Q: Dear Mr Otaru, I’m totally new to sake and I’d like to try a bottle, but I don’t know where to start… help!? - Claire
Hi Claire, glad that you’re interested in sake and very happy to help!
It can get confusing with all the names, and terms, especially since most of it is in Japanese, but here’s a little cheater’s edition to get you up and running a little quicker… obviously lots of things go into identifying how a sake might taste.
In VERY general terms, look for the word - JUNMAI (純米) - anywhere on the label, and it’ll be a safe bet. Junmai can come with several extra words and modifiers too, but don’t let that get in the way. Find one that fits your budget and enjoy your foray into the world of sake!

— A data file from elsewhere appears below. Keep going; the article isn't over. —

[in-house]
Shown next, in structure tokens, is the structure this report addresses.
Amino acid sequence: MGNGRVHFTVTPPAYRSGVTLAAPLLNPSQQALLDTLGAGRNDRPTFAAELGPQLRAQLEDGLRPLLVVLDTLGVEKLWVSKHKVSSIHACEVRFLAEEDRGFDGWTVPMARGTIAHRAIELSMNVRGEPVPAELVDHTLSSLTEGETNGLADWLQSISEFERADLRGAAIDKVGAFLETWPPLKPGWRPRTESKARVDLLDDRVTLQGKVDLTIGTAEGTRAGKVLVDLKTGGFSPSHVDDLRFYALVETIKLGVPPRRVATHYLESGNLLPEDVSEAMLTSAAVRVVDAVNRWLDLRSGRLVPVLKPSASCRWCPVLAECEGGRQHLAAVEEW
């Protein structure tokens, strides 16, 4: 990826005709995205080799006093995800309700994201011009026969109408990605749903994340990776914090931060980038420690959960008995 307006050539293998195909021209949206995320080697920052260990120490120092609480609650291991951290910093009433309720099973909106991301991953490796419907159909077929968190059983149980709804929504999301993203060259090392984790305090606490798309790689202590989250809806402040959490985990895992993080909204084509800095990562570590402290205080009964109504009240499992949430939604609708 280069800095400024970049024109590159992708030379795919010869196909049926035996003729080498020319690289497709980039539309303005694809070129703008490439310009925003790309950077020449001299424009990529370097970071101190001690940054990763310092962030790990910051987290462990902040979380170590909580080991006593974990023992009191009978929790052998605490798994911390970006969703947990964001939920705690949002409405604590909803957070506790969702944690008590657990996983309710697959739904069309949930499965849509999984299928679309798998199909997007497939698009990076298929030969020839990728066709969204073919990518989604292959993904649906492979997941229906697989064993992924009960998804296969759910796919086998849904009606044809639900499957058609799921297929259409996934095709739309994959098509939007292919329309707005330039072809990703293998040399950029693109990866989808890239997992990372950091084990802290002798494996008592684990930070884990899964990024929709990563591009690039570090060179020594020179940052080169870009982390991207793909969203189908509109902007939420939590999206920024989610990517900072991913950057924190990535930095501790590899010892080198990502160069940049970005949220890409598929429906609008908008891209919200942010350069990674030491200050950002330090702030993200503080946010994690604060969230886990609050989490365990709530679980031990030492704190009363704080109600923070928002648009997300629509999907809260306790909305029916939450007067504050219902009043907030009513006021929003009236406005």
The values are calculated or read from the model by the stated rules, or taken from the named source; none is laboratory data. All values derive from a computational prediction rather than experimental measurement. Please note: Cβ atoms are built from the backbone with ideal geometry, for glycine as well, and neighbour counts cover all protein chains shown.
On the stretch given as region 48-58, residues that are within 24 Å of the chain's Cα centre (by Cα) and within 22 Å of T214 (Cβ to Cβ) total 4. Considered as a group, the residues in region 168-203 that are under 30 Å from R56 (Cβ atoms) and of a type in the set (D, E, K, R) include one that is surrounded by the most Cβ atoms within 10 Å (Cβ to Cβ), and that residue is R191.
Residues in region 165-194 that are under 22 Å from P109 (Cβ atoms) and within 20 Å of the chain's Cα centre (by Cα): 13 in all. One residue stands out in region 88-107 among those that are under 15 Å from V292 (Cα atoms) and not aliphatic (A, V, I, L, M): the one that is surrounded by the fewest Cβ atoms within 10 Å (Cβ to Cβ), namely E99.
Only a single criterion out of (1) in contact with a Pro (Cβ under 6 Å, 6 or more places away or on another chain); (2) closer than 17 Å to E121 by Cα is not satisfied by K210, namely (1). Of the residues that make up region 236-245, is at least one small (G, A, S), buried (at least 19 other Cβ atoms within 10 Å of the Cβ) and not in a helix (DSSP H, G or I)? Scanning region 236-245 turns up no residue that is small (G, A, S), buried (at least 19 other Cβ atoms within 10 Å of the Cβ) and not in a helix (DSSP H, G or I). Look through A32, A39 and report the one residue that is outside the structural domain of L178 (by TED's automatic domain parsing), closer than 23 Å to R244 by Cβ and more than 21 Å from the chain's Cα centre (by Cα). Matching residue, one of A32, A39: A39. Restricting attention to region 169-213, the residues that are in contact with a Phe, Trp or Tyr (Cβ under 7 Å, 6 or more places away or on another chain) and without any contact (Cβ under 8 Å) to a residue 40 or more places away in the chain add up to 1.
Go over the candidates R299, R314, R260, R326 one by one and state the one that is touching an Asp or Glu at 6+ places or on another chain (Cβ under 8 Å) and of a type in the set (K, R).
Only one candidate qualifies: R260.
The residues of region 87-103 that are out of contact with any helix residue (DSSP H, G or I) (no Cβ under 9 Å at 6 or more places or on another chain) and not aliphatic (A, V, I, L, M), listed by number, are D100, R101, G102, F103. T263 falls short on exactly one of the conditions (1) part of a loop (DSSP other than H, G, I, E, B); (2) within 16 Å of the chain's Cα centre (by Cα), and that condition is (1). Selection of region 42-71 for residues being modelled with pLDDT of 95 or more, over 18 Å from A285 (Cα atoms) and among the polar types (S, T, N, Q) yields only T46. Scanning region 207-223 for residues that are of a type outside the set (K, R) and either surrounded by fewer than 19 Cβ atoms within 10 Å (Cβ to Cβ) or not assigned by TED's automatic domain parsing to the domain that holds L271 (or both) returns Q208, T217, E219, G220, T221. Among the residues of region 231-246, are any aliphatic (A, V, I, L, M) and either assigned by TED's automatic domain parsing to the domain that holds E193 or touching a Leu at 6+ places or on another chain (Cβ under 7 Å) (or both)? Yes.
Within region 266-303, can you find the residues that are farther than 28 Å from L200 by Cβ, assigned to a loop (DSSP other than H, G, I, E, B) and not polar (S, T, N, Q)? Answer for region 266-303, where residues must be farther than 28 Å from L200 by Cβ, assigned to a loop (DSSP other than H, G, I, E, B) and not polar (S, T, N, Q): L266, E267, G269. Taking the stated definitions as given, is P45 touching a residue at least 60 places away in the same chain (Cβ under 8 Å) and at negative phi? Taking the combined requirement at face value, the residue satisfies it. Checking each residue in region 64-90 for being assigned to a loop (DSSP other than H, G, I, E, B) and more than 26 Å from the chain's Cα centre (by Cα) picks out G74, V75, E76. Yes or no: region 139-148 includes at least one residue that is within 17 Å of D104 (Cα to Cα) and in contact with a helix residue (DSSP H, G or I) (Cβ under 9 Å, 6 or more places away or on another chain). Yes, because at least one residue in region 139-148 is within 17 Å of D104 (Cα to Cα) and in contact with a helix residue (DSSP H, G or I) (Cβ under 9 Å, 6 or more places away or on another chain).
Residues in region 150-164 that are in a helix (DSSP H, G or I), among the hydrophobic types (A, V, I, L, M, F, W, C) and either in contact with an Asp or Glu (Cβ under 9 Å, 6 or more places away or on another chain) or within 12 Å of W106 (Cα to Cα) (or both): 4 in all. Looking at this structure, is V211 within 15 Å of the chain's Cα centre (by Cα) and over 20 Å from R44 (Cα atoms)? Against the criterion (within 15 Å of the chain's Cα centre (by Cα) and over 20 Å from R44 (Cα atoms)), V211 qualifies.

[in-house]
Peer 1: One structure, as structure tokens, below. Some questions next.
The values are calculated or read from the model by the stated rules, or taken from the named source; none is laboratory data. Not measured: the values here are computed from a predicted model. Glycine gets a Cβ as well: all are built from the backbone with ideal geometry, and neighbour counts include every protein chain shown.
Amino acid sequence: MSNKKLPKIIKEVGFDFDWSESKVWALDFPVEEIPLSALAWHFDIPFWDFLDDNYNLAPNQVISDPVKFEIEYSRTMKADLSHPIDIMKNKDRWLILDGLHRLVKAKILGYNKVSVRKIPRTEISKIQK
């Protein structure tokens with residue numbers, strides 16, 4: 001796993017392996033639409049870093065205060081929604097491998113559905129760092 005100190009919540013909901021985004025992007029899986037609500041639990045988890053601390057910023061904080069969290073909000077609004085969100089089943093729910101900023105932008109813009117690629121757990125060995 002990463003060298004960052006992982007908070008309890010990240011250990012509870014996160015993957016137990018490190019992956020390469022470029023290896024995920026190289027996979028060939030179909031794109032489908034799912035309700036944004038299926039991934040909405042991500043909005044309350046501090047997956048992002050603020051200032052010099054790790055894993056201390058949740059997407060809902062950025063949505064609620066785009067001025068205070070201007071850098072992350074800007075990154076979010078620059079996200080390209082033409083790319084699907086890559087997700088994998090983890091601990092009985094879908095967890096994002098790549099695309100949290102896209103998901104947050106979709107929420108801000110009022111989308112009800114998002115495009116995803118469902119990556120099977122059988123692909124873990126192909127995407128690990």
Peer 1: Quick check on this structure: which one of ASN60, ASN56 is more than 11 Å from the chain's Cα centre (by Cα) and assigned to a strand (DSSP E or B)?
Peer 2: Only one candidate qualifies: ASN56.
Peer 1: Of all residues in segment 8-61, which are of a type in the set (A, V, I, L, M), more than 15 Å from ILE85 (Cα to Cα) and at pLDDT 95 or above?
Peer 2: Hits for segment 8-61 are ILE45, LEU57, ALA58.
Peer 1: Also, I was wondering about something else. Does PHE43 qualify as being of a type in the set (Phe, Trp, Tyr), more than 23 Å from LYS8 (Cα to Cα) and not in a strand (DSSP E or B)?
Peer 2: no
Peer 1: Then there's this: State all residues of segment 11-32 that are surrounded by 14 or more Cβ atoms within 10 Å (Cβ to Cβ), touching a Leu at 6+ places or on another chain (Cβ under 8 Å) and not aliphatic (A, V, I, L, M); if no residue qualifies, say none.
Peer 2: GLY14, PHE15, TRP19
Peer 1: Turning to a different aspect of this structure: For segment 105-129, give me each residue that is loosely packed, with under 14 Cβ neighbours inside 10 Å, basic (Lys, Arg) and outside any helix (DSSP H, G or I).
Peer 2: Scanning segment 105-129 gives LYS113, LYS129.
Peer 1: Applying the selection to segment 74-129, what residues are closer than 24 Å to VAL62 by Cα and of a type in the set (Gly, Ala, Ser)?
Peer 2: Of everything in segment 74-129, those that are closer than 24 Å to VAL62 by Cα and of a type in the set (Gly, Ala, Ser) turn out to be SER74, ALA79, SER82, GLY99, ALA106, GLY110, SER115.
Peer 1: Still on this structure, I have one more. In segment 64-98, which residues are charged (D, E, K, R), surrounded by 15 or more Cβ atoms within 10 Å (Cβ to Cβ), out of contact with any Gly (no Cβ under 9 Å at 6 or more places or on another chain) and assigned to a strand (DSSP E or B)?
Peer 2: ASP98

Don't forget to KAMPAI!
- Mr Otaru
What JUNMAI looks like on a label
- - - - -
Here’s the thinking behind this.
Junmai sakes are sake where there is no additional alcohol added to the fermentation process; all alcohol is naturally produced from the fermentation process. While this does not make Junmai sake inherently ‘better’ than non-Junmai sakes, Junmai sakes generally are a little more substantial and flavourful. This makes it easier to enjoy with a wider variety of food, especially some of our stronger Chinese and local fare. A little more forgiving as well when it comes to food pairing.
Tons more different styles of sake to try, but this is a great way to start.
If you’d like greater detail on sake grading and some of the technicalities, check out our other blog post - SAKE GRADING
Here are a couple of Junmai sakes we carry that you may want to try in the meantime.
Takizawa Junmai from Nagano - Smooth with a deep flavour
Shikisakura Junmai Daiginjo Imai Shohei from Tochigi - Clean and Dry
Daimon 35 Junmai Daiginjo from Osaka - Elegant, Luxurious, Complex